5. debunker says:

    Well… he owns fifteen things now. A good journalist would follow this guy for a while until he reveals that he actually starts accumulating possessions like everyone else with means.

  6. Codexborgia (@Codexborgia66) says:

    Why so many negative, sarcastic comments? Reading the article, he’s not wagging his finger at at the rest of us consumers. He is simply making a statement that it is possible to do with less (much less). Something to think about. Thinking out of the norm to live more ecologically conscious.. Isn’t that one of the reasons you signed up for an alternative news blog in the first place?

  7. cchase says:

    FYI if you “like” this it will show a picture of a woman in her bra on your facebook page.

    I agree with the other comments-it’s cool to minimize, but after traveling around the globe this man is going to need more than 15 items to live life. You can minimize and streamline your life without becoming a vagabond.

  8. cinderellen (@cinderellen) says:

    I think it makes a good point, and you do not have to downsize so drastically to see it. I shed more than half of my possessions last year to move cross country and although it was hard to let go of each thing I have to agree it is liberating. I find myself thinking twice about acquiring anything new (except books, of course!).

    Obviously this young man is not self supporting – no household equipment or even backpacking basics.

  9. fearlessadvisor (@fearlessadvisor) says:

    As a long term practitioner of Yoga, I can tell you that it’s not the number of your possessions, but your attachment to them that brings suffering.

    Ralph
    http://mayallbehappy.org

  10. indianaflint says:

    minimalism is grand but i’d at least want a blanket to sleep under [or to wrap around my legs while washing that one pair of jeans]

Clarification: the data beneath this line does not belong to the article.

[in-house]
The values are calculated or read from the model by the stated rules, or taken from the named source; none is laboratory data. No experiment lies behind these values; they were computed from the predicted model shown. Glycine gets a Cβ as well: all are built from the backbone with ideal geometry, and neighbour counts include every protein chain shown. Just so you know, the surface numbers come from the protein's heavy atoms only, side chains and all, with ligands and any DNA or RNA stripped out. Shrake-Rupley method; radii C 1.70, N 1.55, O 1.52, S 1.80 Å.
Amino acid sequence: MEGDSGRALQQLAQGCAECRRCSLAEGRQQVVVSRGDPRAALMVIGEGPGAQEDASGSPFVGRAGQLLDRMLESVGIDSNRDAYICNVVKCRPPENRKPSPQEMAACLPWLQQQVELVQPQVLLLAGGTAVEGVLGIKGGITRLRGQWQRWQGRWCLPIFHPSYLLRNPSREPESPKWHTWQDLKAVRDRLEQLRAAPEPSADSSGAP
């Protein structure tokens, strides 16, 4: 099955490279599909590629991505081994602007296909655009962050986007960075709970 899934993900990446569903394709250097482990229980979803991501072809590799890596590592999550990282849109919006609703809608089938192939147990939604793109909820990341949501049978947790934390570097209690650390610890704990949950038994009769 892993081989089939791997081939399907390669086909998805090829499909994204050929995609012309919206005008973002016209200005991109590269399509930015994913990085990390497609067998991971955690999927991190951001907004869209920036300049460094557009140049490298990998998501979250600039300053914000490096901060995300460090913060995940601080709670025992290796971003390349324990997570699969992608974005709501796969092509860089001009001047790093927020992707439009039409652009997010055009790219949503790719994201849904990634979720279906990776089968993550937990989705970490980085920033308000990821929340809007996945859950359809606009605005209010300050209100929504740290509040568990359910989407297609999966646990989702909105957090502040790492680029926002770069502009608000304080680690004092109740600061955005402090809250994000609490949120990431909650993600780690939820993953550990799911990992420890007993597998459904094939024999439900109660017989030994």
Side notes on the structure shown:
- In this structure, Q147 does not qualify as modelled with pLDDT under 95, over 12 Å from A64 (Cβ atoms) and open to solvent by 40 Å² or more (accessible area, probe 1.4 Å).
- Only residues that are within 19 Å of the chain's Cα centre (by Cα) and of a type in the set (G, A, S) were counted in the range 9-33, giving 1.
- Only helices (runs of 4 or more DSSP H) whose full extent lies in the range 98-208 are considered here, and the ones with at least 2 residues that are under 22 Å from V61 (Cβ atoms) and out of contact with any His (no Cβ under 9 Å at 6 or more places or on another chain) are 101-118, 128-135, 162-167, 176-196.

11. Liz says:

    Oh sure. Easy to do when you’re basically a kid. My 25 year old brother in law does the same. It’s called living on other people’s couches. Not what you’d call a lifestyle you can continue forever and really accomplish much other than travel.

  12. Abirgulal says:

    Its way more than 15- esp. with his lifestyle, take a good look. If you see the pilgrims like the vaarkari’s or the quaali singers outside Salim Chisti’s dargah’ all they have is whats on their body. They are artists, craftsmen, farmers, cobblers what haveyou (- either by choice or of course by circumstance.) No insurance or state security either. Thats minimalist, try that A.H.

  13. y2k_mad_hatter says:

    The point I (and others are making) is that it is possible to minimise what we own but not all go back to owning only 15 or less items. If we did that, society as we know it would cease to function as we require all different specialist trades operational for society to work. Otherwise it’s back to the cave, killing each other to survive and a much less civilised approarch to day to day living. The guy should be writing about Spring Cleaning if he wants us to do anything useful, and ways in which you can achieve this in the average household. We can’t all suddenly become nomadic bloggers. *another 5 cents* flip

  14. sdunlop says: